Data Pipeline Design Patterns - #1. Data flow patterns

Data pipelines built (and added on to) without a solid foundation will suffer from poor efficiency, slow development speed, long times to triage production issues, and hard testability. What if your data pipelines are elegant and enable you to deliver features quickly? An easy-to-maintain and extendable data pipeline significantly increase developer morale, stakeholder trust, and the business bottom line! Using the correct design pattern will increase feature delivery speed and developer value (allowing devs to do more in less time), decrease toil during pipeline failures, and build trust with stakeholders. This post goes over the most commonly used data flow design patterns, what they do, when to use them, and, more importantly, when not to use them. By the end of this post, you will have an overview of the typical data flow patterns and be able to choose the right one for your use case.

Build Data Engineering Projects, with Free Template

Setting up data infra is one of the most complex parts of starting a data engineering project. Overwhelmed trying to set up data infrastructure with code? Or using dev ops practices such as CI/CD for data pipelines? In that case, this post will help! This post will cover the critical concepts of setting up data infrastructure, development workflow, and sample data projects that follow this pattern. We will also use a data project template that runs Airflow, Postgres, & Metabase to demonstrate how each concept works.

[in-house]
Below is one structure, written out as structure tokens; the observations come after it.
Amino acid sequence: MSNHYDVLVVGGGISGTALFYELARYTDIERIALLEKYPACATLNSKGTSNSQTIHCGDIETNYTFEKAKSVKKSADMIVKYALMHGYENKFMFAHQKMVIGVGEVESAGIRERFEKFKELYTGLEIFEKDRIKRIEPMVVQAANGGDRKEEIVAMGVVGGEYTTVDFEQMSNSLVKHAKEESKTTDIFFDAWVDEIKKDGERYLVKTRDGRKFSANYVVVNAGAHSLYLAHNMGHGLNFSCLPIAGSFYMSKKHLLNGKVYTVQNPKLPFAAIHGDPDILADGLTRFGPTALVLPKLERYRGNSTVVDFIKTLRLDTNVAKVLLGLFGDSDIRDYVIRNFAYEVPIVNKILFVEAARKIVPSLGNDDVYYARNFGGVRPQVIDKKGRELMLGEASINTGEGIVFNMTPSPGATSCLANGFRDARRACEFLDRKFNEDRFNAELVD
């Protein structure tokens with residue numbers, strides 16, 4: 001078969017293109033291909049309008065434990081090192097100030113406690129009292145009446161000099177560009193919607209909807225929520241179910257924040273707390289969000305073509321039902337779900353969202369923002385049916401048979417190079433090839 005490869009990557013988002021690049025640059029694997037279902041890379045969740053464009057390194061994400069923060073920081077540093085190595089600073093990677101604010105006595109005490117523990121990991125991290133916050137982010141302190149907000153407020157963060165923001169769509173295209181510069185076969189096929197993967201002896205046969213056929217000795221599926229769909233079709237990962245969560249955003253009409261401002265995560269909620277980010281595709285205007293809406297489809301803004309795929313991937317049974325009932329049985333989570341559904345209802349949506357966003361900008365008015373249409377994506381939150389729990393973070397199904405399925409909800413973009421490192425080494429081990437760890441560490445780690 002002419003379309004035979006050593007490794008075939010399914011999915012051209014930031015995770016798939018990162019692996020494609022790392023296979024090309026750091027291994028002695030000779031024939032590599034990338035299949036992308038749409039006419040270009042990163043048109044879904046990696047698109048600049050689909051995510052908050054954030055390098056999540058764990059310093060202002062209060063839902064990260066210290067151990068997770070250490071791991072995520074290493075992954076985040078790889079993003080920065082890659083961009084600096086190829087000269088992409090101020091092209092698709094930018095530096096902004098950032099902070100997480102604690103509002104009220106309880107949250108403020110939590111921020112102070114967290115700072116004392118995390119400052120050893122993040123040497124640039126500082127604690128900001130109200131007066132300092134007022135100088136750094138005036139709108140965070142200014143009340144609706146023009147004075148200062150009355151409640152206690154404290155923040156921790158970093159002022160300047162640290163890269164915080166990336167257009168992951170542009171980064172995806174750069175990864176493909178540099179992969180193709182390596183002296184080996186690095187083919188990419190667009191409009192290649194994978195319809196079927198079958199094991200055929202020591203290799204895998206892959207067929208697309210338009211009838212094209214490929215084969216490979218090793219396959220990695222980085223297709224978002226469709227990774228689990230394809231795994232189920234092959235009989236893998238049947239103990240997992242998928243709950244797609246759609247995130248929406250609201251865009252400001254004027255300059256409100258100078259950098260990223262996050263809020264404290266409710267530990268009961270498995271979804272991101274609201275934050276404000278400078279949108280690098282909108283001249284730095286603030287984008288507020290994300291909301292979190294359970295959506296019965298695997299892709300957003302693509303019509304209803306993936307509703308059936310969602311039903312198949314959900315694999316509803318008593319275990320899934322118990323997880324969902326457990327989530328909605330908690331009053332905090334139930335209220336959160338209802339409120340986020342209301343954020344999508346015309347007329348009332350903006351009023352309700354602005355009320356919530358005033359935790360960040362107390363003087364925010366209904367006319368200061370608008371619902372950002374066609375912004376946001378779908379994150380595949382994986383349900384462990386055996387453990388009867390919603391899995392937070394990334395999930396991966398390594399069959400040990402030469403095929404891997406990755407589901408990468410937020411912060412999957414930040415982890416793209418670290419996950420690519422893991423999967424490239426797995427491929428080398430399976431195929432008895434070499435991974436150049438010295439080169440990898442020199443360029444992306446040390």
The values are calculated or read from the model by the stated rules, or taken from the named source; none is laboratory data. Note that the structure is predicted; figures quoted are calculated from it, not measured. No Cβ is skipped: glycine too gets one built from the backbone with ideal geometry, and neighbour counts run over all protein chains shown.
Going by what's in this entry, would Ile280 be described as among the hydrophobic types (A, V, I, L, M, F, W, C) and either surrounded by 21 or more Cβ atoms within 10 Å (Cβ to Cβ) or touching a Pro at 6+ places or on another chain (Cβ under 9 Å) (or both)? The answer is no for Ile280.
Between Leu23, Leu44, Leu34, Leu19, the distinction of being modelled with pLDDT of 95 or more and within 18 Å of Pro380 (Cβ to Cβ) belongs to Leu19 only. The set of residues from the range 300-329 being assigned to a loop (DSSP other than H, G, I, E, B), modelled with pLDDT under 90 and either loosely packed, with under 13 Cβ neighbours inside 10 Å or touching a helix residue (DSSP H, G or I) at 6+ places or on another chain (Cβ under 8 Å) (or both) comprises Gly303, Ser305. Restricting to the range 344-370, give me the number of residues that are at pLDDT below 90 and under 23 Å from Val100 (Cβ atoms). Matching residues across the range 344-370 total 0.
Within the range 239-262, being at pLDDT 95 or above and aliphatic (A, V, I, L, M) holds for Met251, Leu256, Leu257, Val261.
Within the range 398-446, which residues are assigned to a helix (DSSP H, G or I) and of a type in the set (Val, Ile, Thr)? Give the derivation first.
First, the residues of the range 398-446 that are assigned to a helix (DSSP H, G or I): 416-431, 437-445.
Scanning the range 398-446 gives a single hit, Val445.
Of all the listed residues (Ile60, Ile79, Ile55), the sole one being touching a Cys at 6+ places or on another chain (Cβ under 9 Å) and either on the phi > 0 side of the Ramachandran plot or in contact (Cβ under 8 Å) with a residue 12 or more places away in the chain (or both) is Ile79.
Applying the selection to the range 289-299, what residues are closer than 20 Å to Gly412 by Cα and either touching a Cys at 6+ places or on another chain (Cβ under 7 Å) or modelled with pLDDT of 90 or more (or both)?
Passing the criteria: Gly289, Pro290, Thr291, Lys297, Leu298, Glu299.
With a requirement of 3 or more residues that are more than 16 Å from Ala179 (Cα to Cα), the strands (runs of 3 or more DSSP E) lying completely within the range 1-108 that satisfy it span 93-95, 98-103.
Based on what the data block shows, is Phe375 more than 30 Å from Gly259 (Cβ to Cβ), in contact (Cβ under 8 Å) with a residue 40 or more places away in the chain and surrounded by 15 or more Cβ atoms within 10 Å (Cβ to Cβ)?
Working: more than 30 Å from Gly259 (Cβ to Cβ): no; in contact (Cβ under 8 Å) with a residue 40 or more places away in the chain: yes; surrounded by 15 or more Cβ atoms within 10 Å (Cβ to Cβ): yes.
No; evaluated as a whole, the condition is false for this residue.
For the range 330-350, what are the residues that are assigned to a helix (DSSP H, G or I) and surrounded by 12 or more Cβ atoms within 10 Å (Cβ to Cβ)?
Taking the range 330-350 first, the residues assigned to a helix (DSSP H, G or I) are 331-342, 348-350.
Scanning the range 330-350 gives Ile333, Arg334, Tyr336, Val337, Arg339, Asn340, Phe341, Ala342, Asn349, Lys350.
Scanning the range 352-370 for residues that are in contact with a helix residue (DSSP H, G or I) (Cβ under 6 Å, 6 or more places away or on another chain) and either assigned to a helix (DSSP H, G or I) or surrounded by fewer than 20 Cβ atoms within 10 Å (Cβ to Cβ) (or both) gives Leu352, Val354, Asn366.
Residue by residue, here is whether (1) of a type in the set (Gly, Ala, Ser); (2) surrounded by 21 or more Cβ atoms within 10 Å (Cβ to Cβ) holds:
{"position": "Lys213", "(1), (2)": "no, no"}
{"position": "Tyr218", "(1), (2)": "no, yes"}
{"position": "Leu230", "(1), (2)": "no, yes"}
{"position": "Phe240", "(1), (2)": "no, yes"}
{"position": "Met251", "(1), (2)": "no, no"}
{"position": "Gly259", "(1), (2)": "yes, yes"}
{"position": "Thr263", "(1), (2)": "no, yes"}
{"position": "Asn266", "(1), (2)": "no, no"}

How to gather requirements for your data project

Frustrated trying to pry data pipeline requirements out of end users? Is scope creep preventing you from delivering data projects on time? You assume that the end-users know (and communicate) exactly what they want, but that is rarely the case! Adhoc feature/change requests throw off your delivery timelines. You want to deliver on time and make an impact, but you are interrupted constantly! Requirements gathering is rough, but it doesn't have to be! We go over five steps you can follow, to work with the end-user to define requirements, validate data before wasting engineering hours, deliver iteratively, and handle new feature/change requests without context switching.

5 Steps to land a high paying data engineering job

Do you feel overworked and underpaid? Are you a data engineer labeled as a data analyst, with a data analyst pay? Are you struggling to prepare efficiently for data engineering interviews? You want to work on problems that interest you, be able to earn a good salary and be acknowledged for your skills. But, landing such a job can seem daunting and almost impossible. In this post, we will go over 5 steps to help you land a data engineering role that pays well and enables you to work on interesting problems